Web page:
The Google search term gives you an idea about Nixon's thoughts about marijuana.


    Your info is wrong, Bith Nixon and Reagan... (none / 0) (#12)
    by Bill Arnett on Thu Feb 22, 2007 at 11:58:37 AM EST
    ...ordered studies on pot, Reagan in 1981, the year before he declared "The War on Drugs.

    Synopsis HERE.

    Reagan tried to suppress the study he had ordered because it did not support government told lies about this very benign drug.

    Google marijuana studies for more. Much, much more, including research done in other countries.

    I've been doing my own "study"...... (none / 0) (#17)
    by kdog on Thu Feb 22, 2007 at 01:56:10 PM EST
    for the past 12 years....so far the findings are it feels good, helps you relax and unwind, with little to no negative side effects.

    I'll keep you posted on any new developments.


    Your own version of cramming (none / 0) (#18)
    by kindness on Thu Feb 22, 2007 at 02:14:15 PM EST
    for your drug test, eh?

    I look at it as preventative meds for potential glaucoma.


    The Fact IS (none / 0) (#13)
    by peacrevol on Thu Feb 22, 2007 at 11:59:54 AM EST
    That no matter what the truth is about pot, the government has invested so much money and ruined so many lives in the name of a war on drugs that includes pot, that there is no turning back. Lawsuits like this have to be won so that maybe they can take it to the law making stages to allow it to be available to those who need it at least for legitimate medicinal purposes. The govt has a long history of not giving a damn about somebody who's truly suffering, ie HIV patients or cancer patients, if it means they have to say they were wrong. Just look at the Iraq war today...bullheadedness anyone?

    Cannabis law in IL (none / 0) (#16)
    by windy city atty on Thu Feb 22, 2007 at 01:53:43 PM EST
    In Illinois, the legislature at first copied the federal controlled substances act, lumping marijuana in with heroine and the rest. Then, when some poor chap was given 10 yrs for a first offense sale of an oz. of pot, the IL Sup Ct reversed the conviction, stating that marijuana was improperly classified as a narcotic -(i think the court found an equal protection violation somehow) so the IL legislature made up an entire new act called the Cannabis Control Act that deals only and specifically with pot and which drastically reduced the penalties for first time offenses.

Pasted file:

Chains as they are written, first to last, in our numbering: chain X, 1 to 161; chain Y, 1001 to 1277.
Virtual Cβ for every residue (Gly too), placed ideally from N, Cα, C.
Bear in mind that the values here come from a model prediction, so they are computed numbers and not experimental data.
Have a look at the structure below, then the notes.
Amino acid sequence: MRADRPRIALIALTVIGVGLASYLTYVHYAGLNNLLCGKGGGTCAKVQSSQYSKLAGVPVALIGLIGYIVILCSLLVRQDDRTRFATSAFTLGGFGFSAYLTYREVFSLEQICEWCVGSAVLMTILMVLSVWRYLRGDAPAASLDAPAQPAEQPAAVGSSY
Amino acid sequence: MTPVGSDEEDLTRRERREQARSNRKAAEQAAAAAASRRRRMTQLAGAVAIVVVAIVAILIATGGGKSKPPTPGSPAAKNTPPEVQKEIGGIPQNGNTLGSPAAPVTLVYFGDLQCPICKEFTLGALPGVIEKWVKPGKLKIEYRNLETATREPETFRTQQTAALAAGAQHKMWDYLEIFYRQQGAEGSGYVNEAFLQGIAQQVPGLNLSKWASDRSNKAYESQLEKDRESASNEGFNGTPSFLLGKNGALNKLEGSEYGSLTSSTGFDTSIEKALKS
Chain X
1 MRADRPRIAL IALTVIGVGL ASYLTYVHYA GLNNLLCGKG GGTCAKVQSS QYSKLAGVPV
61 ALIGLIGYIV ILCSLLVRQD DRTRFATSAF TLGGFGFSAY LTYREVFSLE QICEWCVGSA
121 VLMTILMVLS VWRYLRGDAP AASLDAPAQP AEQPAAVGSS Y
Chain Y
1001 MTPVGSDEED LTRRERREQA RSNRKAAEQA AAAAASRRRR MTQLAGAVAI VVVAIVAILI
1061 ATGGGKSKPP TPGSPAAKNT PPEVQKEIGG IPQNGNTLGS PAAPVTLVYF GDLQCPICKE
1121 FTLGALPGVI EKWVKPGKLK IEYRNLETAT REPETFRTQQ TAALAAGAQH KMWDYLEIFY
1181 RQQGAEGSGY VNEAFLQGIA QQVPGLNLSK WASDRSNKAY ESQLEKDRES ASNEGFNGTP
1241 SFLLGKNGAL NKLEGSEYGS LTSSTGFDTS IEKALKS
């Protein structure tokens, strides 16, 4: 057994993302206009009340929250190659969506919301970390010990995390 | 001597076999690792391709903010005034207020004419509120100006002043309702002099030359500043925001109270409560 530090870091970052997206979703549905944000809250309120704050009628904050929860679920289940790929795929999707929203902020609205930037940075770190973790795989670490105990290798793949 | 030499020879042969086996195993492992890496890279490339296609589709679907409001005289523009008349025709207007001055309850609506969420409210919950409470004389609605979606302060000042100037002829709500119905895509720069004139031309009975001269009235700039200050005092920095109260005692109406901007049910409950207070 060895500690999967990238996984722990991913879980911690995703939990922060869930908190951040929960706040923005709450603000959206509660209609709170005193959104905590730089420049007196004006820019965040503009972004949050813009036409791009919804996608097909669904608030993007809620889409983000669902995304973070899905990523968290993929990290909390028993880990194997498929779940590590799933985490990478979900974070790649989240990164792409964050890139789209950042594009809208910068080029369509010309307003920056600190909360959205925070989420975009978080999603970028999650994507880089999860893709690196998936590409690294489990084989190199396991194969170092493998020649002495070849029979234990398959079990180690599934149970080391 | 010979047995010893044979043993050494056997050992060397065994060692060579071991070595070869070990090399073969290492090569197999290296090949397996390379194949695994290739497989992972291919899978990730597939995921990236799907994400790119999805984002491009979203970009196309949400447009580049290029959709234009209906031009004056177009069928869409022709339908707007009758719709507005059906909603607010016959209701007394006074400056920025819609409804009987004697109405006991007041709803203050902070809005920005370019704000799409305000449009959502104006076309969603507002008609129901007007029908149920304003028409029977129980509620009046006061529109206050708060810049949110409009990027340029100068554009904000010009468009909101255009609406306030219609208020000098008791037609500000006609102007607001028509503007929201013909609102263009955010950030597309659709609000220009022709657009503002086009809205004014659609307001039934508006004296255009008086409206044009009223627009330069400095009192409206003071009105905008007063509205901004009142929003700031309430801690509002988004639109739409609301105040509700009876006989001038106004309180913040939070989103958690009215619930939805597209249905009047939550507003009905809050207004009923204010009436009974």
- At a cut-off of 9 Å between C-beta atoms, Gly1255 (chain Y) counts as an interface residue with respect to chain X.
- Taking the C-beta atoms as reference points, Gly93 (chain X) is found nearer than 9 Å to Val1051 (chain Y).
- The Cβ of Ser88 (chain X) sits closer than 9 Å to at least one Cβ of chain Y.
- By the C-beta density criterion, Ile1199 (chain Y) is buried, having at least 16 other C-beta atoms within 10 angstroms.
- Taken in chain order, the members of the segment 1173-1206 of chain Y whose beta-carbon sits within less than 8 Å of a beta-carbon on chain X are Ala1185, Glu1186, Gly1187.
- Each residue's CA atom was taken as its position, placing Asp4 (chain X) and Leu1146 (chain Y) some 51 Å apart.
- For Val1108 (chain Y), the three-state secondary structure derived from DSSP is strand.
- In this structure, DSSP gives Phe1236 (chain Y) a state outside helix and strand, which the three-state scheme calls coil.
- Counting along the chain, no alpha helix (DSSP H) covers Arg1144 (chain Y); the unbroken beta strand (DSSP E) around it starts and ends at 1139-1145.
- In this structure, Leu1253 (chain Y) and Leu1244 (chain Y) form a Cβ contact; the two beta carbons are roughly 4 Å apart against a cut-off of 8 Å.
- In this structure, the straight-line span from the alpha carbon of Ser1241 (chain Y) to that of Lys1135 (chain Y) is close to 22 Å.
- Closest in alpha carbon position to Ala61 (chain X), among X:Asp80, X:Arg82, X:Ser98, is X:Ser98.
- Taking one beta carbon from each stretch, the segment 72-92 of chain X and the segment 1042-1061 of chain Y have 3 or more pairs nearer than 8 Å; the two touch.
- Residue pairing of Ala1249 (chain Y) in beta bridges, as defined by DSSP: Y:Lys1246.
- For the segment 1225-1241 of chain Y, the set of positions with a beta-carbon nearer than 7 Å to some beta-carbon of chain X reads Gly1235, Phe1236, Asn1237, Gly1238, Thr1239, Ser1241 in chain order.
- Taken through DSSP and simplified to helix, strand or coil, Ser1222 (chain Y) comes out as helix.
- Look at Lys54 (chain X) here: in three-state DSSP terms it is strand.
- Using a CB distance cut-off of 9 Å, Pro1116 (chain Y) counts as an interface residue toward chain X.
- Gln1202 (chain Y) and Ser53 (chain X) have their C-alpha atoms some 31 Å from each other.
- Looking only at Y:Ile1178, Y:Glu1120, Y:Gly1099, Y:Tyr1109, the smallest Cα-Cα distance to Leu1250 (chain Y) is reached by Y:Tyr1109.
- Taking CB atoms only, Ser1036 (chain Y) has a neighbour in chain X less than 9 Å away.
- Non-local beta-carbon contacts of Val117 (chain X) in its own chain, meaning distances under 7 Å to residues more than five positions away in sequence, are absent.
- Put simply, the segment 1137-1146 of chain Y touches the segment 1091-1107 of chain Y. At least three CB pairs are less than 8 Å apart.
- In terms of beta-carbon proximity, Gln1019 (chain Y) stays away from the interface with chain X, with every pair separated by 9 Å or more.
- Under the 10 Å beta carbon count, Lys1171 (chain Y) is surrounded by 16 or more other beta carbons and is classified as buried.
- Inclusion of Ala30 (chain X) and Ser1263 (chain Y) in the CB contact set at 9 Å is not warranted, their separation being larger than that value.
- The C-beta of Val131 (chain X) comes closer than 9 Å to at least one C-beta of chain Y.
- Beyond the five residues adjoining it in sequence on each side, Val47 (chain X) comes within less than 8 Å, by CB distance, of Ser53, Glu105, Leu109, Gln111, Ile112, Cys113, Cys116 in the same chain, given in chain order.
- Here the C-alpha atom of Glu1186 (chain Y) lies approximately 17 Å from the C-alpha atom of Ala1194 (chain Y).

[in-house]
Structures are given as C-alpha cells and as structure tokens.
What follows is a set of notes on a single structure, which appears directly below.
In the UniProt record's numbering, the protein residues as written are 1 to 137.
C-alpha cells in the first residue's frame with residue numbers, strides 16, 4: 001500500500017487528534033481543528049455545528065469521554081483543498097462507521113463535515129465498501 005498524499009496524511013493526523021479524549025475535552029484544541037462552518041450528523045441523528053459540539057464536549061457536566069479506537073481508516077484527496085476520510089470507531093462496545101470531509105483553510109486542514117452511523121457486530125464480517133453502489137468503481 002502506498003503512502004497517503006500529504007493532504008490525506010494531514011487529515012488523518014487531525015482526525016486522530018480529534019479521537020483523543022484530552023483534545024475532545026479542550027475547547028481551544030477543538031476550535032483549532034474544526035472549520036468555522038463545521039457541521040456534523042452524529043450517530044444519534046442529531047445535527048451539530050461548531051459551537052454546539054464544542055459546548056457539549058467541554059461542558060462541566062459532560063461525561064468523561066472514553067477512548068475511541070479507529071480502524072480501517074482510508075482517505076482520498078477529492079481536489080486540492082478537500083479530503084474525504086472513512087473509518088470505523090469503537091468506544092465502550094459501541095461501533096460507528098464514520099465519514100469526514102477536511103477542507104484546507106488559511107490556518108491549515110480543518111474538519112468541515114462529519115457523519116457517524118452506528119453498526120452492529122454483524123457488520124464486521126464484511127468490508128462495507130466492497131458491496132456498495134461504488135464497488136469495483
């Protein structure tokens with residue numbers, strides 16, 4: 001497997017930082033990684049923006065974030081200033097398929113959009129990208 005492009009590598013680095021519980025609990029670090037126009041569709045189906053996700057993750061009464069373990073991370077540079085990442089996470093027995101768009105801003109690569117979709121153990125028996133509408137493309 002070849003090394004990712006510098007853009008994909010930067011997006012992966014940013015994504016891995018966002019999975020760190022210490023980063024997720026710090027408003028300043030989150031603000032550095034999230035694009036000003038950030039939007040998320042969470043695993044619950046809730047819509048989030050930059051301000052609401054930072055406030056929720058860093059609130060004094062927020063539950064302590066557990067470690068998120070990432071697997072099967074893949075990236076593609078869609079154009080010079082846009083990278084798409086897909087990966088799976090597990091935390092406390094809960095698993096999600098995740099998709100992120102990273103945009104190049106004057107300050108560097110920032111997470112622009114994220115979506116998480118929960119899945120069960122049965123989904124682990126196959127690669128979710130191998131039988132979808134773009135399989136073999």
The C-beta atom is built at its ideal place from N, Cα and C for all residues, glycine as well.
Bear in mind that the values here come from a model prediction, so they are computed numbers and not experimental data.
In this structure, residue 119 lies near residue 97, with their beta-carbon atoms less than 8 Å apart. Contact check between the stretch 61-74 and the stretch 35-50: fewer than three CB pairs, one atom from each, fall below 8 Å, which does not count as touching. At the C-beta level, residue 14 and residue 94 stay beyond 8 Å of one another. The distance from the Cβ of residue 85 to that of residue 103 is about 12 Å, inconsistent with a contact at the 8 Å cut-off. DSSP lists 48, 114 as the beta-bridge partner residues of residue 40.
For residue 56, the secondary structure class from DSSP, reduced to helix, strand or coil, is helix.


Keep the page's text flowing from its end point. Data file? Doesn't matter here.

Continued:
I believe the case name was People v. McCabe, i read it in law school and it is a very interesting opinion - considering it was like 1972 or something.

    As far as the racial undertones of the war on pot - they are quite real (see Jack Herer, the Emporer Wears No Clothes, online, for complete history).  The racism motivation led to the passing of the Stamp tax,(had to have a tax stamp to posseess pot, but the stamps were not actually available to the general public, and even if they were you had to have the pot in  hand to get the stamp) which the great Dr. Timothy Leary got thrown out on unconstitutional grounds because it required a person to break the law to comply with it. (self-incrimination). If you want a more modern reason why pot remains illegal for a purely social or political reason not having anything to do with the drug's actual potential to cause harm - i think you need only one word: Hippies.


    Legalie it all (none / 0) (#21)
    by plumberboy on Fri Feb 23, 2007 at 03:54:29 AM EST
    Drugs are no worse than booze in fact my personal opinion is drugs especially pot is way better than booze.I mean mentally and the side affects.I want the nazi machine  shut down I say they let every state decide let the voters of that state decide.